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3-D MRI helps kids with ACL tears -- surgery without harming the growth plate

Surgery has not been an option in the past for children with ACL tears because of the possible damage to the growth plate that can cause serious problems later in life.

With this new technology, surgeons can actually see from one point to the other on either side of the knee, and can safely position the tunnels where they will place the new ligament.

John Xerogeanes, MD, chief of the Emory Sports Medicine Center, and colleagues in the laboratory of Allen R. Tannenbaum, PhD, professor in the Wallace H. Coulter Department of Biomedical Engineering at Georgia Tech and Emory University, have developed 3-D MRI technology that allows surgeons to pre-operatively plan and perform anatomic anterior cruciate ligament (ACL) surgery.

ACL tears are one of the most common injuries in children who participate in sports including football, basketball, soccer and gymnastics. Traditional treatment for ACL injuries in kids has been rehabilitation, wearing a brace and staying out of athletics until the child stops growing - usually in the mid-teens - and ACL reconstruction surgery could then safely be performed.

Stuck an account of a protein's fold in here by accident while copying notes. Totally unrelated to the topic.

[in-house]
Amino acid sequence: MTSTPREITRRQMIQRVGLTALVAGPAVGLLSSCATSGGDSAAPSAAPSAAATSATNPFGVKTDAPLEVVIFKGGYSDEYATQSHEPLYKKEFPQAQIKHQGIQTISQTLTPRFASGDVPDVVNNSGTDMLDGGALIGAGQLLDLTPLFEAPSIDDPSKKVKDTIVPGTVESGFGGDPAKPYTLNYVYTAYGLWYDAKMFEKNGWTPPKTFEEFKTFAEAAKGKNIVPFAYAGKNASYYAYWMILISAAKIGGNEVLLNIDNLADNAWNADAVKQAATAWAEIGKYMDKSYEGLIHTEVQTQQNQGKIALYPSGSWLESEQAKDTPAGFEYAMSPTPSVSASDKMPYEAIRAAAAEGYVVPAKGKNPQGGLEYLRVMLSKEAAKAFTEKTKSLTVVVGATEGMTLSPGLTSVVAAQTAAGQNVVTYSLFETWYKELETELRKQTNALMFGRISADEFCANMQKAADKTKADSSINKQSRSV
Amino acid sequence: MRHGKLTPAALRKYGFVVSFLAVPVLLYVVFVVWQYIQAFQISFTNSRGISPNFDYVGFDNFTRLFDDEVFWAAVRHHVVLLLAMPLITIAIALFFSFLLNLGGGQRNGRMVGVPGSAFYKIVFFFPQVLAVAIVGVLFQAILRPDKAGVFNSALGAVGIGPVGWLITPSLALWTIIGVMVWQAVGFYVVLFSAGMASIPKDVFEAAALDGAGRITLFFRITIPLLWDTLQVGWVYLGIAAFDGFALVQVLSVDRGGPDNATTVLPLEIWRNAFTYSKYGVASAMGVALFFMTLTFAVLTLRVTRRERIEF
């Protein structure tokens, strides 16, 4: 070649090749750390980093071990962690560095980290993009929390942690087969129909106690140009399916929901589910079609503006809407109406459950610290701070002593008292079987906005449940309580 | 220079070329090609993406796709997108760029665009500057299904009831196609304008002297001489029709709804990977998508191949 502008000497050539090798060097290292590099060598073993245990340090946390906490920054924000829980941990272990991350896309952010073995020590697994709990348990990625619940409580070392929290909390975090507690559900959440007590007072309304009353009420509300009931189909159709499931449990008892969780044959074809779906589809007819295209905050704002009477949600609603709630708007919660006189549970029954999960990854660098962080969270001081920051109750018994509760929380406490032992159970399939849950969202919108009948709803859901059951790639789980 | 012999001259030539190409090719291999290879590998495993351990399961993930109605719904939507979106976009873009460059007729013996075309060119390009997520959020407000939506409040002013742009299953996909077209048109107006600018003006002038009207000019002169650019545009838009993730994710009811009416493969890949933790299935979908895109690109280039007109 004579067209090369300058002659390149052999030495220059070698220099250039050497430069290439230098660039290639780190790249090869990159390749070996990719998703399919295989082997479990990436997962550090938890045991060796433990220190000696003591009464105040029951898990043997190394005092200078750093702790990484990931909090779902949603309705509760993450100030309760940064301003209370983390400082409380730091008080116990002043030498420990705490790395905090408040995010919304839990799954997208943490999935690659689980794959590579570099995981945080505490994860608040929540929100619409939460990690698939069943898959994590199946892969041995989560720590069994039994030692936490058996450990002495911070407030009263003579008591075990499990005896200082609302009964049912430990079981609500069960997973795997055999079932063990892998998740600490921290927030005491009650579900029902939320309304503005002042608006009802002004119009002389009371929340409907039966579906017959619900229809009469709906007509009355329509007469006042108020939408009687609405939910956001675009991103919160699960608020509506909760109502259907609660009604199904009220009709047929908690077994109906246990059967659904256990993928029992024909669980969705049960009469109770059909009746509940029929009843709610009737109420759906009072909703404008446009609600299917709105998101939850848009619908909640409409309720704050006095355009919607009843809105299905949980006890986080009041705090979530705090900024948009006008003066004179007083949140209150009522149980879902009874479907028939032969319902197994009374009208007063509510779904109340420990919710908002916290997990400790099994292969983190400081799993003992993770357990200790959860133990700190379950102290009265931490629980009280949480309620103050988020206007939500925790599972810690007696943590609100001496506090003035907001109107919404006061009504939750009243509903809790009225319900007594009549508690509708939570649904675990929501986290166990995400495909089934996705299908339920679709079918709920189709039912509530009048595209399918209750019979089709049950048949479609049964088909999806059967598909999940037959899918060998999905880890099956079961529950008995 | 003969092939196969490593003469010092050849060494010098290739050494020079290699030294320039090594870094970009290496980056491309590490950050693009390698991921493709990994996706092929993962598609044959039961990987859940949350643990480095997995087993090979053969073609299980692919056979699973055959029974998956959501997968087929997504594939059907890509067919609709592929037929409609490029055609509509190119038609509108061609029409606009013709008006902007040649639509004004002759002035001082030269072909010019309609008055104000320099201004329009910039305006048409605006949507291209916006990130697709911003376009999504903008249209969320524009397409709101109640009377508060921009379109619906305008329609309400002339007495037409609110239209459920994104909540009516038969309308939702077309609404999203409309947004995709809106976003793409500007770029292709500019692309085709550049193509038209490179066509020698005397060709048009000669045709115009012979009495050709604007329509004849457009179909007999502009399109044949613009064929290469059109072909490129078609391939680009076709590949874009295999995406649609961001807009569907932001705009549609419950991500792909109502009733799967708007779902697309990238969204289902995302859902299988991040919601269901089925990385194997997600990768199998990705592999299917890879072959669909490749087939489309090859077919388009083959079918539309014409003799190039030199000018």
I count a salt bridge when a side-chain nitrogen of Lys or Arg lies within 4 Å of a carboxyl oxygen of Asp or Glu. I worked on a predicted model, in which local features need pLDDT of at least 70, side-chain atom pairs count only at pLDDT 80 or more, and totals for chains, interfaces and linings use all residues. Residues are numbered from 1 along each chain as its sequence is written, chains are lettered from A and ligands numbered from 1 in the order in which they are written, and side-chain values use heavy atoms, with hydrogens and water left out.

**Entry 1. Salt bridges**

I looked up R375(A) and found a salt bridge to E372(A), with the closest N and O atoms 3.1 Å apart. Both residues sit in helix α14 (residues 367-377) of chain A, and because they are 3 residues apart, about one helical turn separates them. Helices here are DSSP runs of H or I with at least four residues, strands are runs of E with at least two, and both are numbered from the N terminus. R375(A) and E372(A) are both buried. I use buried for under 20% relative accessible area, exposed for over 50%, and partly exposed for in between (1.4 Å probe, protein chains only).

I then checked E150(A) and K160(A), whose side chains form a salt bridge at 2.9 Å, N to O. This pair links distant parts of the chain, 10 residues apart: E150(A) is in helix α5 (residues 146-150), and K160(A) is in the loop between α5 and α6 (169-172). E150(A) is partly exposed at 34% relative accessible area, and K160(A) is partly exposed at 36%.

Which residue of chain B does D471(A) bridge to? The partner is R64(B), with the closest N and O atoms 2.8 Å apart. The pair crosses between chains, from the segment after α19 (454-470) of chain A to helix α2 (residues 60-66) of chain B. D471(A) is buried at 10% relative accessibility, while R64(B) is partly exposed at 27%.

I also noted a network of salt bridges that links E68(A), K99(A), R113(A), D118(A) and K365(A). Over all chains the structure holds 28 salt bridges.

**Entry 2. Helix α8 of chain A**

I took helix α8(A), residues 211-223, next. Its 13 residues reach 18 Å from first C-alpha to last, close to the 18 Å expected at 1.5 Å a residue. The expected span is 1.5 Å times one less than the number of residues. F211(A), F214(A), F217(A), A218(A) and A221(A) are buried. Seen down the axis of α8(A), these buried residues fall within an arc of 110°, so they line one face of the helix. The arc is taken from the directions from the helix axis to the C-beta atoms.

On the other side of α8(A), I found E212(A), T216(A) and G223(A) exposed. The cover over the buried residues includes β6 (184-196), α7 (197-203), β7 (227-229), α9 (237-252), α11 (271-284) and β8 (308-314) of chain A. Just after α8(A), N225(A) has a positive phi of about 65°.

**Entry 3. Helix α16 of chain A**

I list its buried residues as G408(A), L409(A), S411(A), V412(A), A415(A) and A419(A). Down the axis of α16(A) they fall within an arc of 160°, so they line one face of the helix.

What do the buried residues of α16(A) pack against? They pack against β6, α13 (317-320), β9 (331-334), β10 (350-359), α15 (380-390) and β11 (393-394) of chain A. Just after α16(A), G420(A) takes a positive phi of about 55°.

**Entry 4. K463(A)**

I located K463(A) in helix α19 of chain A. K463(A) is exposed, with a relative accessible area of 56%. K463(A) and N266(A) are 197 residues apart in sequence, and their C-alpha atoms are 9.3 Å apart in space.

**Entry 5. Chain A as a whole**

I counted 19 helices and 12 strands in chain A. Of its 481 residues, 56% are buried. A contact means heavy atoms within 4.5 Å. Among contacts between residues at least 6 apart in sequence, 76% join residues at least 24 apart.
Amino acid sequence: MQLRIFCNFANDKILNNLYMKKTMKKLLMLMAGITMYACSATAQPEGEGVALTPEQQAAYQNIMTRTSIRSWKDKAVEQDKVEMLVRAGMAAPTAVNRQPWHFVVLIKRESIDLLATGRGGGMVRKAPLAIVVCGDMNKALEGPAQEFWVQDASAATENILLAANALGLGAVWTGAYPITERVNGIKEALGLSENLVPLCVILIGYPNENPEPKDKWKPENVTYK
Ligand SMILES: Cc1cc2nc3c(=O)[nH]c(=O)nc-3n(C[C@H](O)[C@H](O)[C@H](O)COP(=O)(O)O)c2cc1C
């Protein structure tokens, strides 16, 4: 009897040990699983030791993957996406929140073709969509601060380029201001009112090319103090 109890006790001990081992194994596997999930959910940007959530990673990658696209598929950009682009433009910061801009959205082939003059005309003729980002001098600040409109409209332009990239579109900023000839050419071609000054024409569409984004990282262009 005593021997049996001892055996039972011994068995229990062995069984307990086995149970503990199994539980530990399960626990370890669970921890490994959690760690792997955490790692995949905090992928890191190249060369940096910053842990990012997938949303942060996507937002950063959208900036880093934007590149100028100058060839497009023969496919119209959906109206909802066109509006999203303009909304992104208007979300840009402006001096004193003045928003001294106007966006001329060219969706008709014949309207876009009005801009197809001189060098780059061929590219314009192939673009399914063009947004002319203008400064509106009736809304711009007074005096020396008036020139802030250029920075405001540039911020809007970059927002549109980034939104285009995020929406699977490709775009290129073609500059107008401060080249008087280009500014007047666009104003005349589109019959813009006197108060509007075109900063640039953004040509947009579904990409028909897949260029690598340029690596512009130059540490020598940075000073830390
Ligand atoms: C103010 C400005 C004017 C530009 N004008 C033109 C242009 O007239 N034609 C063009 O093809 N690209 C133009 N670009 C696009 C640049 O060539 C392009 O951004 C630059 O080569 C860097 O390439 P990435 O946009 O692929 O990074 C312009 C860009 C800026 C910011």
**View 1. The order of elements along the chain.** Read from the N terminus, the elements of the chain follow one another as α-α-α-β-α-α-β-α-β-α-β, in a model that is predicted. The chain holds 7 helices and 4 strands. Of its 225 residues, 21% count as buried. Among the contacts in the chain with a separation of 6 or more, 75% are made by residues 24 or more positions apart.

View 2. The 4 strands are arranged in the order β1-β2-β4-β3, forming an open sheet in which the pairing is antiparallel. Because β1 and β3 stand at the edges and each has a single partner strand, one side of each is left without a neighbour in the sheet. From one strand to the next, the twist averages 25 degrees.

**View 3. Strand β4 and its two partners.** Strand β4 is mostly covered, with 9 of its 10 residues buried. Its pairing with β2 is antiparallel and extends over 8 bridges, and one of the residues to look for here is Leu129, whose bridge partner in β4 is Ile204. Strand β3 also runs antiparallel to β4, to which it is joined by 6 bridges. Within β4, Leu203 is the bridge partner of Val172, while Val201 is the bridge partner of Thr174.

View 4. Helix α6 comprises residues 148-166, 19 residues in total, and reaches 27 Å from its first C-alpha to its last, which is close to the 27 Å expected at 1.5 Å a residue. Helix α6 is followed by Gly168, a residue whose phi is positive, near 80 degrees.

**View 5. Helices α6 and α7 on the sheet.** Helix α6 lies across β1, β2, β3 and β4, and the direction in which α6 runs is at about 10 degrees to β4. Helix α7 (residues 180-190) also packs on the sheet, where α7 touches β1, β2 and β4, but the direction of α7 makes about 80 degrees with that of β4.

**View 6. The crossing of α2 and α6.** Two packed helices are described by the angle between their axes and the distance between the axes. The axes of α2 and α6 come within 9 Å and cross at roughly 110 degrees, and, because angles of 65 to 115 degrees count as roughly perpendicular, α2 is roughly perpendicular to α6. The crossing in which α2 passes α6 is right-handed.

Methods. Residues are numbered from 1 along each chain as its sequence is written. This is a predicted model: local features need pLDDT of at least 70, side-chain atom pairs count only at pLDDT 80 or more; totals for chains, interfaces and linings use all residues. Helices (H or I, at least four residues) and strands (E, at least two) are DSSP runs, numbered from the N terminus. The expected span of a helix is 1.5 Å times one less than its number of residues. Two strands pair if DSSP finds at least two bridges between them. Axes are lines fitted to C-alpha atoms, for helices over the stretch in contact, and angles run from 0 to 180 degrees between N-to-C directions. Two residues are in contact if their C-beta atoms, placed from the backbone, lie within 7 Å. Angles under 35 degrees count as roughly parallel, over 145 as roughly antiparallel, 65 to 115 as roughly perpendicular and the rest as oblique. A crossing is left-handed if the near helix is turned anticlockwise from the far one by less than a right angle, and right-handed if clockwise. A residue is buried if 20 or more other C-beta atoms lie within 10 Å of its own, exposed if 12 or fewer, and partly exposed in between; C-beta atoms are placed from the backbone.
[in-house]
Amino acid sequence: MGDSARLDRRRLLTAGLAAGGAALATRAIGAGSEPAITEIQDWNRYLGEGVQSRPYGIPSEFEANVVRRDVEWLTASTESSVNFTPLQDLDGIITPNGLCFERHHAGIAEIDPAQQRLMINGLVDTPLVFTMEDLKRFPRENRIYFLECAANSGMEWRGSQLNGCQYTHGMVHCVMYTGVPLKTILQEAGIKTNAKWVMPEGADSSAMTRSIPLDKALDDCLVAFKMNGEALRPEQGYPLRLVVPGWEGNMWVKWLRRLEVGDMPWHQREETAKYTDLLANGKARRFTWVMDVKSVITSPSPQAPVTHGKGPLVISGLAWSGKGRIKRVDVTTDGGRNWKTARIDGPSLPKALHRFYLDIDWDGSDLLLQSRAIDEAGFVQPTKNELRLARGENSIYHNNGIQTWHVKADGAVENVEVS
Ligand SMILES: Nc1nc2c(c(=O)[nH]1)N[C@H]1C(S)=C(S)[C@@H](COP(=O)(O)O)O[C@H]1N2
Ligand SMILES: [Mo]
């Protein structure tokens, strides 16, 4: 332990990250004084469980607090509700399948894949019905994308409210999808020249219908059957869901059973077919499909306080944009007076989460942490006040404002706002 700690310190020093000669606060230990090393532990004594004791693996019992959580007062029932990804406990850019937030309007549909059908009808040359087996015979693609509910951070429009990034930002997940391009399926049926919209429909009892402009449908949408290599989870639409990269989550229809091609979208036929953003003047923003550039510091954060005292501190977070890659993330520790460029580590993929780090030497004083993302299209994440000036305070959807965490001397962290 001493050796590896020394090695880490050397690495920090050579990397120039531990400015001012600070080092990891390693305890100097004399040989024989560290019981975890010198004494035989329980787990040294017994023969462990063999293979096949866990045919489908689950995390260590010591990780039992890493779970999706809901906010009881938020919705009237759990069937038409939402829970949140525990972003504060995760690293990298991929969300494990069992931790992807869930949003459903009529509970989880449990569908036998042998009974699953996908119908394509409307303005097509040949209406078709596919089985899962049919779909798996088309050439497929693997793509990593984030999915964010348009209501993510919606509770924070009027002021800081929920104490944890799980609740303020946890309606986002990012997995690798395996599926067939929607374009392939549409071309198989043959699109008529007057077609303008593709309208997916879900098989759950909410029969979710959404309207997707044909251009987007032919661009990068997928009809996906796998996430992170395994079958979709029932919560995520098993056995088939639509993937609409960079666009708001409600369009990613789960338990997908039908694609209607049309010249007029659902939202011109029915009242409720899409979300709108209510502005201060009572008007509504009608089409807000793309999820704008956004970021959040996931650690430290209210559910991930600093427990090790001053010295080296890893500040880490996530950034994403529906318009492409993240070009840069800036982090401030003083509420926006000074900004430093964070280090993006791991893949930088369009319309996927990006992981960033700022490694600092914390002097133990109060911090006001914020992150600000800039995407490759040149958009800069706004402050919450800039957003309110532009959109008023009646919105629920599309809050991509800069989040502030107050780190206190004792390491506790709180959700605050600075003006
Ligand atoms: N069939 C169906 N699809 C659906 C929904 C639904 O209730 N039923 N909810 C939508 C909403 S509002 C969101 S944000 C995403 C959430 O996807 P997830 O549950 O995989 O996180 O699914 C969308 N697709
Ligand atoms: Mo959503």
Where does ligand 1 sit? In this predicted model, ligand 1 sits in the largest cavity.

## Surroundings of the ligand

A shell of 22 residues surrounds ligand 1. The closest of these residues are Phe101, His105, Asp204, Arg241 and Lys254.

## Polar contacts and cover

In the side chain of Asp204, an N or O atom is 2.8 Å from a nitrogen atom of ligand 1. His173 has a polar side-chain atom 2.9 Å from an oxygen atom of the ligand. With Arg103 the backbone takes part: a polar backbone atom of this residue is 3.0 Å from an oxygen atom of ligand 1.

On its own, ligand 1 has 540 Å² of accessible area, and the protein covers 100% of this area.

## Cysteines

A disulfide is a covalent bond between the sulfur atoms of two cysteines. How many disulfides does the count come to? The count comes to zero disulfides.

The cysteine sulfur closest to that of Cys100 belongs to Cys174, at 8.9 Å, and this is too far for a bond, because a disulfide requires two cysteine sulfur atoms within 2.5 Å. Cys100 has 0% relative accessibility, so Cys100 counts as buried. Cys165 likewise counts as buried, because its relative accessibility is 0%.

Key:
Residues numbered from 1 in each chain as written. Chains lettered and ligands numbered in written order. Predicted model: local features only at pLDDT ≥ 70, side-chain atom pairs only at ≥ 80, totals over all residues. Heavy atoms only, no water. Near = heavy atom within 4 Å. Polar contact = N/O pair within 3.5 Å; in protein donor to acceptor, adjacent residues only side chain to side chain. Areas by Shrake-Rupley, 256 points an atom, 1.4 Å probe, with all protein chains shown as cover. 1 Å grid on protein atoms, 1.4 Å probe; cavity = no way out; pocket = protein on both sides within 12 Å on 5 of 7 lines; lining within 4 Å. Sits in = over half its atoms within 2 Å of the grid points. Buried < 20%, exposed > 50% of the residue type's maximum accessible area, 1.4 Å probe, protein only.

The problem with doing surgery on a young child is that if you damage the growth plate, you can cause a growth disturbance, says Xerogeanes, an associate professor in the Department of Orthopaedics at Emory University School of Medicine.

The ACL is one of the four major ligaments in the knee, somewhat like a rubber band, attached at two points to keep the knee stable. In order to replace the ligament, surgeons create a tunnel in the upper and lower knee bones (femur and tibia), slide the new ACL between those two tunnels and attach it at both ends. (The new ligament is typically taken from either a hamstring tendon or allograft tissue, which is donor material.)

Xerogeanes explains that prior to using the 3-D MRI technology, ACL operationswere conducted with extensive use of X-Rays in the operating room, and left too much to chance when working around growth plates.

With this new technology, surgeons can actually see from one point to the other on either side of the knee, and can correctly position the tunnels where they will place the new ligament. The surgery can be done in less time than the traditional surgery, and with confidence that the growth plates in young patients will not be damaged.

Kids who undergo this type of operation will still have at least one year of recovery time, advises Xerogeanes. The good news is that it does allow them to eventually pursue normal activity.

Xerogeanes and his colleagues at Emory are performing the anatomic ACL reconstruction technique on adult patients as well as pediatric patients. He hopes that another advantage of this new anatomical procedure will be that it helps prevent re-injury in the future for all athletes who have suffered from ACL tears.


Contact: Kathi Baker
Emory University

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